Historically, malicious Office macros have been the equivalent of email’s phishing attempts, launching malware at the click of a user’s mouse. Microsoft said Monday that it’s finally clamping down on this security vulnerability, blocking Visual Basic (VBA) macros by default.
To date, Microsoft has warned users about the dangers of untrusted macros, but allowed users to download and run them by manually approving them. Now, untrusted macros will be blocked by default within Access, Excel, PowerPoint, Visio, and Word for any file downloaded from the Internet. The change will roll out to Microsoft’s Current Channel of these Microsoft 365 apps beginning in April, and applied later to the other update channels, too.
“At a future date to be determined, we also plan to make this change to Office LTSC, Office 2021, Office 2019, Office 2016, and Office 2013,” Microsoft added in a blog post Monday.
Apps like Excel can run scripts and other “active content” to automate processes and import data from outside sources. VBA can be a source of great power for Excel pros. The problem is that without downloading these macros from a trusted source, there’s really no way of telling of what they’re downloading, or what actions that code will take.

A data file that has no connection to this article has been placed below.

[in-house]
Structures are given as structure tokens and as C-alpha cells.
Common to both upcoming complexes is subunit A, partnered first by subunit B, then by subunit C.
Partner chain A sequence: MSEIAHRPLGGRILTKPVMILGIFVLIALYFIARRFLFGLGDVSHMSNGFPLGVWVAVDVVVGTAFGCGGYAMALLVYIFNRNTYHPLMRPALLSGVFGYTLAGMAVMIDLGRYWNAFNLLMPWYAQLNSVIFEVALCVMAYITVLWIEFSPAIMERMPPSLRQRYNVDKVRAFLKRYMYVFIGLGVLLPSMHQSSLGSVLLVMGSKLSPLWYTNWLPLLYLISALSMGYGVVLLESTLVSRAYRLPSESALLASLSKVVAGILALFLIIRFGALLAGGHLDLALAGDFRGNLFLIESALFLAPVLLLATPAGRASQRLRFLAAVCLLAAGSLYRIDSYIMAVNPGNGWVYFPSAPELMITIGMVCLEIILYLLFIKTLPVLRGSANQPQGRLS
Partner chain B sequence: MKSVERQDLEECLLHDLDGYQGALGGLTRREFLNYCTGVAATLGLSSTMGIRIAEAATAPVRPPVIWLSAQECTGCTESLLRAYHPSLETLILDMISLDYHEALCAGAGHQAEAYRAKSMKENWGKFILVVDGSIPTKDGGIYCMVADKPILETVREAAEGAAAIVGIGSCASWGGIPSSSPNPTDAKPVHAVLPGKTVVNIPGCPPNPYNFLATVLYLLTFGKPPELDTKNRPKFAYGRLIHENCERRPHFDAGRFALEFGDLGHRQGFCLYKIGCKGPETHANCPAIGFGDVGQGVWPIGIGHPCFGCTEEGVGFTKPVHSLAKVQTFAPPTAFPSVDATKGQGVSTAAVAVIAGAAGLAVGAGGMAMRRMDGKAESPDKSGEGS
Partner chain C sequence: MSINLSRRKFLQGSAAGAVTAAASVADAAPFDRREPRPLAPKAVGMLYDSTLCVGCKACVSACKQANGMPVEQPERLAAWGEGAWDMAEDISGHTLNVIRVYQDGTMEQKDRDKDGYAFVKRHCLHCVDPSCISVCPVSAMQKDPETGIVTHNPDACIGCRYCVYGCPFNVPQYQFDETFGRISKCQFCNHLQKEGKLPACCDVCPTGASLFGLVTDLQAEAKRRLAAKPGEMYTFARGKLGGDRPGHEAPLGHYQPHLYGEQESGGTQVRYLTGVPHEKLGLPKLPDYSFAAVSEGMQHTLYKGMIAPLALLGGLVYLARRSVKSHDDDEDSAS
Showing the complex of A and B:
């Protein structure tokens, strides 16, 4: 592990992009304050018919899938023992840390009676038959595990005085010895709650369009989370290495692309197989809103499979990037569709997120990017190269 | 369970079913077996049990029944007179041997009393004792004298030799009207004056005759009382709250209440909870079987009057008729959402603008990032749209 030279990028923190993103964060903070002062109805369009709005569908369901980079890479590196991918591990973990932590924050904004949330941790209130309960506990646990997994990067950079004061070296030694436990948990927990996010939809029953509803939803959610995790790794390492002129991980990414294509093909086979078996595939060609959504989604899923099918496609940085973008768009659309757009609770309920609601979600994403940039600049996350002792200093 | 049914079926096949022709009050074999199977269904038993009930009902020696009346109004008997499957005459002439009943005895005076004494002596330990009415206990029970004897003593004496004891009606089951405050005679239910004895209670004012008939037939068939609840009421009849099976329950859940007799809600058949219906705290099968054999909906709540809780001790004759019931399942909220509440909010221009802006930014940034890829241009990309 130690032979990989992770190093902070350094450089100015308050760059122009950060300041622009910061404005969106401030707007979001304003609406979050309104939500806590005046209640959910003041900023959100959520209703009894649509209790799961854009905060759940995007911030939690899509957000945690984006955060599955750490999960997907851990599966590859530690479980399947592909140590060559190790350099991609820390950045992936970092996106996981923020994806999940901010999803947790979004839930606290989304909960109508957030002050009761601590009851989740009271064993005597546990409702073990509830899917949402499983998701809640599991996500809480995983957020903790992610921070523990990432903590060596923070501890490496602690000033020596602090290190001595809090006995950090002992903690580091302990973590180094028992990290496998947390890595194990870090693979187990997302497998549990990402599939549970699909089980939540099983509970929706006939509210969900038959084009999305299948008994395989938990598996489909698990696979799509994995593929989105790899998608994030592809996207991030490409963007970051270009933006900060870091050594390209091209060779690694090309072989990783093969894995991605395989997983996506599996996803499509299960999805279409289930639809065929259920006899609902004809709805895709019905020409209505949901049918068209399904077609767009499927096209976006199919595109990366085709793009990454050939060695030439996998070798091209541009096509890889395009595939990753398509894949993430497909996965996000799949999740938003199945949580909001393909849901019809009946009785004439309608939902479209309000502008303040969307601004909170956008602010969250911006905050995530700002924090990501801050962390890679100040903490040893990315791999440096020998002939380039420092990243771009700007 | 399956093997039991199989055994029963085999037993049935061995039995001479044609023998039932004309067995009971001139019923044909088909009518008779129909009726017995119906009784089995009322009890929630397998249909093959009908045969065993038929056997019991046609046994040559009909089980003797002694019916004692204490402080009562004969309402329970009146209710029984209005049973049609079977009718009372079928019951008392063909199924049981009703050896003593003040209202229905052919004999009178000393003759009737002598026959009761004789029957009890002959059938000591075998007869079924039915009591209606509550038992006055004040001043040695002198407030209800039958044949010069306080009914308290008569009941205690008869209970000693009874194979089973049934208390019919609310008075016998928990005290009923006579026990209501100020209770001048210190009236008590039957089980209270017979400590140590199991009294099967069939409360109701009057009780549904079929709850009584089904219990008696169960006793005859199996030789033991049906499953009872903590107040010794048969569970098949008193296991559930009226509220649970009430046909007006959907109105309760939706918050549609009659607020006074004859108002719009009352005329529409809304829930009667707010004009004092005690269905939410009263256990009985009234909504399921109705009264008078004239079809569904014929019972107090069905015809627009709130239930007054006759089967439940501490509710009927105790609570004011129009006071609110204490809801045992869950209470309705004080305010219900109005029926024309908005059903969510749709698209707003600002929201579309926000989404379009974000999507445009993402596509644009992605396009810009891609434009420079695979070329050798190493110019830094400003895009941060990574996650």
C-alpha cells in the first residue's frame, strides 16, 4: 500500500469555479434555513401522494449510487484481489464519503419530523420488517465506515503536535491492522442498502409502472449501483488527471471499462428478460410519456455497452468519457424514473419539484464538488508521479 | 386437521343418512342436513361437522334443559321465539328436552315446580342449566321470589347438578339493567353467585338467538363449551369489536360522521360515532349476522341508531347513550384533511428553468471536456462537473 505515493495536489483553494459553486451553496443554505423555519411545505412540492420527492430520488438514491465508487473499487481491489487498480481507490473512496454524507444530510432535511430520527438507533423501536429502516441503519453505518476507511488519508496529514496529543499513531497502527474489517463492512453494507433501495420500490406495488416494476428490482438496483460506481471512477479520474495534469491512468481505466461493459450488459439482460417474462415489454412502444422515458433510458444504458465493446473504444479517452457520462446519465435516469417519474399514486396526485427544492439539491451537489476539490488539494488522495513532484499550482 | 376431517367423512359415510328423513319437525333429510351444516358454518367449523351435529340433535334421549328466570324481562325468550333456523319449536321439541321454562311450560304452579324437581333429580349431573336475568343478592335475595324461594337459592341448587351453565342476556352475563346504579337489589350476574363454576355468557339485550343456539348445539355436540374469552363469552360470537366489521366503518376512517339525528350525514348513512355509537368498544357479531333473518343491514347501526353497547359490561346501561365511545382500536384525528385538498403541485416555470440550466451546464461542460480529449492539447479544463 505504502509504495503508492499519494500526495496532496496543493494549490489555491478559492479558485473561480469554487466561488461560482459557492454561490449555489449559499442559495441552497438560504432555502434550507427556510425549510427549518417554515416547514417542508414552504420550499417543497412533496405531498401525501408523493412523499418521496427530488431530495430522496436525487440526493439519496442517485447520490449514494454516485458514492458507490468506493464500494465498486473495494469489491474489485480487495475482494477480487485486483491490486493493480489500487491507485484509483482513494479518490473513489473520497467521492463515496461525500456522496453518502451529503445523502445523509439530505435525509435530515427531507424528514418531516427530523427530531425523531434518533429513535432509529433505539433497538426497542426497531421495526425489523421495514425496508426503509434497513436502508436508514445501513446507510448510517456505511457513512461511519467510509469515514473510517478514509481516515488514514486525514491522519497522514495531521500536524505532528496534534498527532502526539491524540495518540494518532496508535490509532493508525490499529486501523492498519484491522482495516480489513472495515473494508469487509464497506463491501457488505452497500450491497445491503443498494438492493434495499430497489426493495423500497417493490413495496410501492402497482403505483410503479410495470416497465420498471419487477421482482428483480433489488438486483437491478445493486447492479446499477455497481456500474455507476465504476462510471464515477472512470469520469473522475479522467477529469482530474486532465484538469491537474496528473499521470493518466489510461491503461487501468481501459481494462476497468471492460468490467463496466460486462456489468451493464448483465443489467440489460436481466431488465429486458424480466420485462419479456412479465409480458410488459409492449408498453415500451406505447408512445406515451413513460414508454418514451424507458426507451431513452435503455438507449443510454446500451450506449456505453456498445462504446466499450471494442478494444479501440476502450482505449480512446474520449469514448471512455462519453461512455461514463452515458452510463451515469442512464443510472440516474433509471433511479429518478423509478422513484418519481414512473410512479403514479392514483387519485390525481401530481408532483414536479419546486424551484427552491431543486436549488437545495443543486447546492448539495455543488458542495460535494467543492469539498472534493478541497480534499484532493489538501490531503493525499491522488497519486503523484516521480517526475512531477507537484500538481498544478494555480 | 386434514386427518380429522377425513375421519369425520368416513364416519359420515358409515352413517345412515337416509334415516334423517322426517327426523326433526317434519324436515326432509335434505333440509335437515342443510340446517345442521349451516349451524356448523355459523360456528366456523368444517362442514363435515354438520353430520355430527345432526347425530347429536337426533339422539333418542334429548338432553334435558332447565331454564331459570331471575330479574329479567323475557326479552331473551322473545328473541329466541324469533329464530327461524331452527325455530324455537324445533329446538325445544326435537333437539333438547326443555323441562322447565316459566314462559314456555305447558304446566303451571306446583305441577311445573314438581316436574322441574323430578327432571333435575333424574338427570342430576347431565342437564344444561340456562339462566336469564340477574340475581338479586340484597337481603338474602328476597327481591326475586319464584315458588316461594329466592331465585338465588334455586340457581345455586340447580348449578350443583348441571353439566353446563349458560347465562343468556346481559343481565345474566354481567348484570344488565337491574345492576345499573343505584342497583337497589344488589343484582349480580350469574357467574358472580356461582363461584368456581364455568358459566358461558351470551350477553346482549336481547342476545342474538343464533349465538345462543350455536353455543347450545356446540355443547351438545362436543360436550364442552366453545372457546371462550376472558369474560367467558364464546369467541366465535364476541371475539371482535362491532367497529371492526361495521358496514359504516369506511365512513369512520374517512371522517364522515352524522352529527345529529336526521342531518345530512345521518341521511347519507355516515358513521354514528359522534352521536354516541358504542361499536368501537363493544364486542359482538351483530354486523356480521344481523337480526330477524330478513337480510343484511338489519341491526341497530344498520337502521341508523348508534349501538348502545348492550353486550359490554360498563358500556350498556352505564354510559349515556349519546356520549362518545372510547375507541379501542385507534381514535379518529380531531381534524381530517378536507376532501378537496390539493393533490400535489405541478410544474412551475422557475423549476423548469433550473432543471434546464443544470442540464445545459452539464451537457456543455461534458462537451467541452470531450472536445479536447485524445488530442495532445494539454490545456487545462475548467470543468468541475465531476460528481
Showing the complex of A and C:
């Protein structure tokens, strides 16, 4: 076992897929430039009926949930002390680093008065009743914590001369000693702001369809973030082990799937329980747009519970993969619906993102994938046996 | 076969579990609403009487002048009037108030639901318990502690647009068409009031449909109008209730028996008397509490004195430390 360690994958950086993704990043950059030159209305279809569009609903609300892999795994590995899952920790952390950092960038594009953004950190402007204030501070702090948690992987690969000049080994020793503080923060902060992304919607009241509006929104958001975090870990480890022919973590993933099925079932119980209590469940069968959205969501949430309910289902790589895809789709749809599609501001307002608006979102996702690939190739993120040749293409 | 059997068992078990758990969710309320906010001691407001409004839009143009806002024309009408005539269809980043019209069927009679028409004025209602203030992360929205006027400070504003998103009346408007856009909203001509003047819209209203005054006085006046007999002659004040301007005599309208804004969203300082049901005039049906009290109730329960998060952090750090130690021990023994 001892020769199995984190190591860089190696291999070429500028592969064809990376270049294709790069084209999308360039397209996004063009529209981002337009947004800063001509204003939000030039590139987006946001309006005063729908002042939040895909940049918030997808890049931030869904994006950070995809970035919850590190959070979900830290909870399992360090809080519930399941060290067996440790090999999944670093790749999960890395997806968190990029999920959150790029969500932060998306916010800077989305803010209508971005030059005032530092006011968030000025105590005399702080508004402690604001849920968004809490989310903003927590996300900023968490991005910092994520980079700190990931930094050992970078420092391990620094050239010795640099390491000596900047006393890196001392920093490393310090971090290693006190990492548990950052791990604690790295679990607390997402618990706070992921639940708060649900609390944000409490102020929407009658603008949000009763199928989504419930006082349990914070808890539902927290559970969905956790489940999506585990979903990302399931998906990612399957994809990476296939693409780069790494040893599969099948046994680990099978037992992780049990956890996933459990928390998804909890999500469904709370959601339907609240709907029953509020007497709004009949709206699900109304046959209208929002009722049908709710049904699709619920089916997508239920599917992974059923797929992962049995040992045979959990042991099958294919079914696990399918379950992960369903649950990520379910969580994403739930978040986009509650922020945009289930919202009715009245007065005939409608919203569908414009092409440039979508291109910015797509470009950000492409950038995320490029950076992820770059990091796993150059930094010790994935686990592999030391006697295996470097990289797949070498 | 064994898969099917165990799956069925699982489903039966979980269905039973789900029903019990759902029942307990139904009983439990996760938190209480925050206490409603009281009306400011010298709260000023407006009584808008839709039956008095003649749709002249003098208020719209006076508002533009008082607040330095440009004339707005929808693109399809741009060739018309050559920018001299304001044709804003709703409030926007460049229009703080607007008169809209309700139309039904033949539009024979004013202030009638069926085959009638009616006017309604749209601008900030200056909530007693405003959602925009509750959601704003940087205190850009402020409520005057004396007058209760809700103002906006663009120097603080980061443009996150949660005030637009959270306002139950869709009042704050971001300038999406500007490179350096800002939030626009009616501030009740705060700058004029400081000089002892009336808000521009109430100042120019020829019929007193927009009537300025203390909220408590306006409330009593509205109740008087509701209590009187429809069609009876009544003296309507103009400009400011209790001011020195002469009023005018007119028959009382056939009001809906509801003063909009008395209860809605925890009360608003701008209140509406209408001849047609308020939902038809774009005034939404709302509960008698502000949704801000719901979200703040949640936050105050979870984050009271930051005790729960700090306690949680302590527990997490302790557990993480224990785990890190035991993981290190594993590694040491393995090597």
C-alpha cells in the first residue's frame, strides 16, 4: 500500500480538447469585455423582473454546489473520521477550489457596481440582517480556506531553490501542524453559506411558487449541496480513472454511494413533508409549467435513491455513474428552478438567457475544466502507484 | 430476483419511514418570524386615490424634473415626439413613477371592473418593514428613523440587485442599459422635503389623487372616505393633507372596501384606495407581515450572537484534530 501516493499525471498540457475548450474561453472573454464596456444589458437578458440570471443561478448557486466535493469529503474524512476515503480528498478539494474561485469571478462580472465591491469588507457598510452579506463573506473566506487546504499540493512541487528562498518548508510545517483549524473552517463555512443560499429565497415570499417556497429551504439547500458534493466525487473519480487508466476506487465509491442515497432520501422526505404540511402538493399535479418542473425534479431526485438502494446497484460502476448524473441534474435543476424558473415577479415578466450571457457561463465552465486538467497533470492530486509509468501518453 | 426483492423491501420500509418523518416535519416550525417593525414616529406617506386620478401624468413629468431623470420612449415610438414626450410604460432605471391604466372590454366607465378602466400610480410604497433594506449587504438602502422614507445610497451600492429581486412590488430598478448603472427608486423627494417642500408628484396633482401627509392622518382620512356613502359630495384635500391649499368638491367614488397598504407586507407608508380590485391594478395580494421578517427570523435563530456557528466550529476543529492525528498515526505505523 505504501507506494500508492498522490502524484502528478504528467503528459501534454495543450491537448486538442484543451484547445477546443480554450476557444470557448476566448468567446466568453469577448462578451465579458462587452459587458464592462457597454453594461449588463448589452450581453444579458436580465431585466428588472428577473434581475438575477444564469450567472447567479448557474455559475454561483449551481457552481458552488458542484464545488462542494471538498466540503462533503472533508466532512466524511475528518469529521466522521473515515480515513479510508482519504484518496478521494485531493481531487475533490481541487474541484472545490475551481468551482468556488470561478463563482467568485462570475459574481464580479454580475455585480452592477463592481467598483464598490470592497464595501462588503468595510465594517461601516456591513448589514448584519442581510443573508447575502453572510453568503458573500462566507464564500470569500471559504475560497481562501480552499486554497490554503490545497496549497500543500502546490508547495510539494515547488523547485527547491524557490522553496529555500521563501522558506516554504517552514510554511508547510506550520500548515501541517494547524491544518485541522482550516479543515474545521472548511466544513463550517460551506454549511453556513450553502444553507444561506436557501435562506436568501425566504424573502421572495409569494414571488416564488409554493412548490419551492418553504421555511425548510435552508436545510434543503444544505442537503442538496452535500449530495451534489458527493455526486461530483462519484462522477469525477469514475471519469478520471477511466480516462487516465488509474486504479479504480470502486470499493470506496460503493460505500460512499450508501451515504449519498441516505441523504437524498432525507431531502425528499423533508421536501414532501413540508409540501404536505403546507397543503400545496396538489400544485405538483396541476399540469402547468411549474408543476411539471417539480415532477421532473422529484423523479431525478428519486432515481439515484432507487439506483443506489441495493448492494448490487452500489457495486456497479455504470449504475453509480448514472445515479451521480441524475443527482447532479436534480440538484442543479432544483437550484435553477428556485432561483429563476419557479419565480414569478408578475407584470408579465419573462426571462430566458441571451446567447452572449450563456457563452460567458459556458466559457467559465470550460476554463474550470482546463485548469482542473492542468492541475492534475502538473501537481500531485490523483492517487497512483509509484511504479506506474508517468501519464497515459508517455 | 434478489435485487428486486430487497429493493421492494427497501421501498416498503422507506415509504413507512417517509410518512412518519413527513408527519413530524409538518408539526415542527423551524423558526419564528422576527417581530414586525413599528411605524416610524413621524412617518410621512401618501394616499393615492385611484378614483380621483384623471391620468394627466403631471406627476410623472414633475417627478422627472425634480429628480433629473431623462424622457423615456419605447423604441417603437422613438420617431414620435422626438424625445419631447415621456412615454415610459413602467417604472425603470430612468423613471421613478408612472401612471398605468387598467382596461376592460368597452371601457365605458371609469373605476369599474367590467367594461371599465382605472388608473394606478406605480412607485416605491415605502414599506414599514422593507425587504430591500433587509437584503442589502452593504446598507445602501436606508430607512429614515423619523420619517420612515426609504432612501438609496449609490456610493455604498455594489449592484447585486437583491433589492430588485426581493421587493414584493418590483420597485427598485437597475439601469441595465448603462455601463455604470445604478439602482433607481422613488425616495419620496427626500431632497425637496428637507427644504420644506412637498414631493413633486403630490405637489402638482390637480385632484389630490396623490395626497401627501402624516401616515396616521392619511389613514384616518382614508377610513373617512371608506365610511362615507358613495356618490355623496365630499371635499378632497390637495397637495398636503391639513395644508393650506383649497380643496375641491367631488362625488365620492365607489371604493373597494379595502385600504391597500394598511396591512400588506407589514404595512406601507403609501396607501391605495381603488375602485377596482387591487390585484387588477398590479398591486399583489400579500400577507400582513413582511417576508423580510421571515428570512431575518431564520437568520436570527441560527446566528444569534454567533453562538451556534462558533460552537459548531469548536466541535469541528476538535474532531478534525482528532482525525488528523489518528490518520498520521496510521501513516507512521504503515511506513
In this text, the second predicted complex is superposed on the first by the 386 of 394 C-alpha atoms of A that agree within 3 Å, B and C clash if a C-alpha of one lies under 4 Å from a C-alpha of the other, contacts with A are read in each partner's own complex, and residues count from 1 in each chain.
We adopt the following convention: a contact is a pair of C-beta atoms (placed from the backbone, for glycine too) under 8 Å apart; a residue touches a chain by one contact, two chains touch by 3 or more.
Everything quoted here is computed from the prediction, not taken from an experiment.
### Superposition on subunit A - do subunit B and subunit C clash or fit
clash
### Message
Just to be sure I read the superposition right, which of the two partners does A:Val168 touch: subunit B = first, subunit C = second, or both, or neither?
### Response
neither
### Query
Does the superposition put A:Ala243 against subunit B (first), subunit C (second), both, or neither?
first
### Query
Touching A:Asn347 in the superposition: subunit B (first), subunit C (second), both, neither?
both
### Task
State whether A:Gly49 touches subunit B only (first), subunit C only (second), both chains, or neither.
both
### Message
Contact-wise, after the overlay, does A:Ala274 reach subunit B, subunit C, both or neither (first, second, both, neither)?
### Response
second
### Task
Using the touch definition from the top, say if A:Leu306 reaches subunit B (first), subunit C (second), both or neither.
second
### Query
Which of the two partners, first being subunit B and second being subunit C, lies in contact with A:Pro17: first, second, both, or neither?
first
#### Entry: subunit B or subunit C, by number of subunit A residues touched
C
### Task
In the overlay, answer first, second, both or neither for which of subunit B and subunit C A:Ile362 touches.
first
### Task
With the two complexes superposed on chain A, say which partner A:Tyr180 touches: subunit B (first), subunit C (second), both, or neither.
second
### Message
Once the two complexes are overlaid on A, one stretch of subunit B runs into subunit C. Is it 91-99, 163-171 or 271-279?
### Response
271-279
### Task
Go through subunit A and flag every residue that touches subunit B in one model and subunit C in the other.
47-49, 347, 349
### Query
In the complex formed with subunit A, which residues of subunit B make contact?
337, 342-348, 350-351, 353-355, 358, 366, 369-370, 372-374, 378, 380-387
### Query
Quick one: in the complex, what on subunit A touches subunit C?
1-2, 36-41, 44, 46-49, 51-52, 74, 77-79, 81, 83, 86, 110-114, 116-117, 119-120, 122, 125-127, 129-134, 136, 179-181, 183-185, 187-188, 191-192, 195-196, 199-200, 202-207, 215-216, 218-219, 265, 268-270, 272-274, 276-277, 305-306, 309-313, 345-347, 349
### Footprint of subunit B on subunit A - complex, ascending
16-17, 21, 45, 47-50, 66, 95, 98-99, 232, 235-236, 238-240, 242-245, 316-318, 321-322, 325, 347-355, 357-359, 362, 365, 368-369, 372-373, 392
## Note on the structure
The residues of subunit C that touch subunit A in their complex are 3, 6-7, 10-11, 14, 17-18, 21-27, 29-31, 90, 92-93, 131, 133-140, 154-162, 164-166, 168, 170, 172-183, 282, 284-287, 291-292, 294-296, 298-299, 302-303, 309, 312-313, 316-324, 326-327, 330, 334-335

Microsoft has recognized the security issues associated with macros for some time. “The enduring appeal for macro-based malware appears to rely on a victim’s likelihood to enable macros. Previous versions of Office include a warning when opening documents that contain macros, but malware authors have become more resilient in their social engineering tactics, luring users to enable macros in good faith and ending up infected,” the company wrote in 2016.
Technically, the block will apply to macros downloaded from the Web, with what Microsoft calls with the Mark of the Web applied. The macro will still be loaded if the file comes from a trusted location, or if the macro is digitally signed, with the security certificate supplied to the user. The macro will also run if the user had previously opened the file, before this change in default behavior, and had selected Enable content from the Trust Bar, according to a Microsoft support document. In that case, the macro is considered to be trusted. That support document also details how enterprises can manage macros by policy.
Microsoft has previously put in protections in place to help manage macros, and it’s unclear whether those protections will still be in place. For example, Microsoft announced Application Guard in 2019, as a way to sandbox untrusted spreadsheets and other documents. The idea is that if an untrusted document contained malware, it would be isolated from your PC. Microsoft representatives did not immediately respond to a request for comment.
As PCWorld’s senior editor, Mark focuses on Microsoft news and chip technology, among other beats. He has formerly written for PCMag, BYTE, Slashdot, eWEEK, and ReadWrite.
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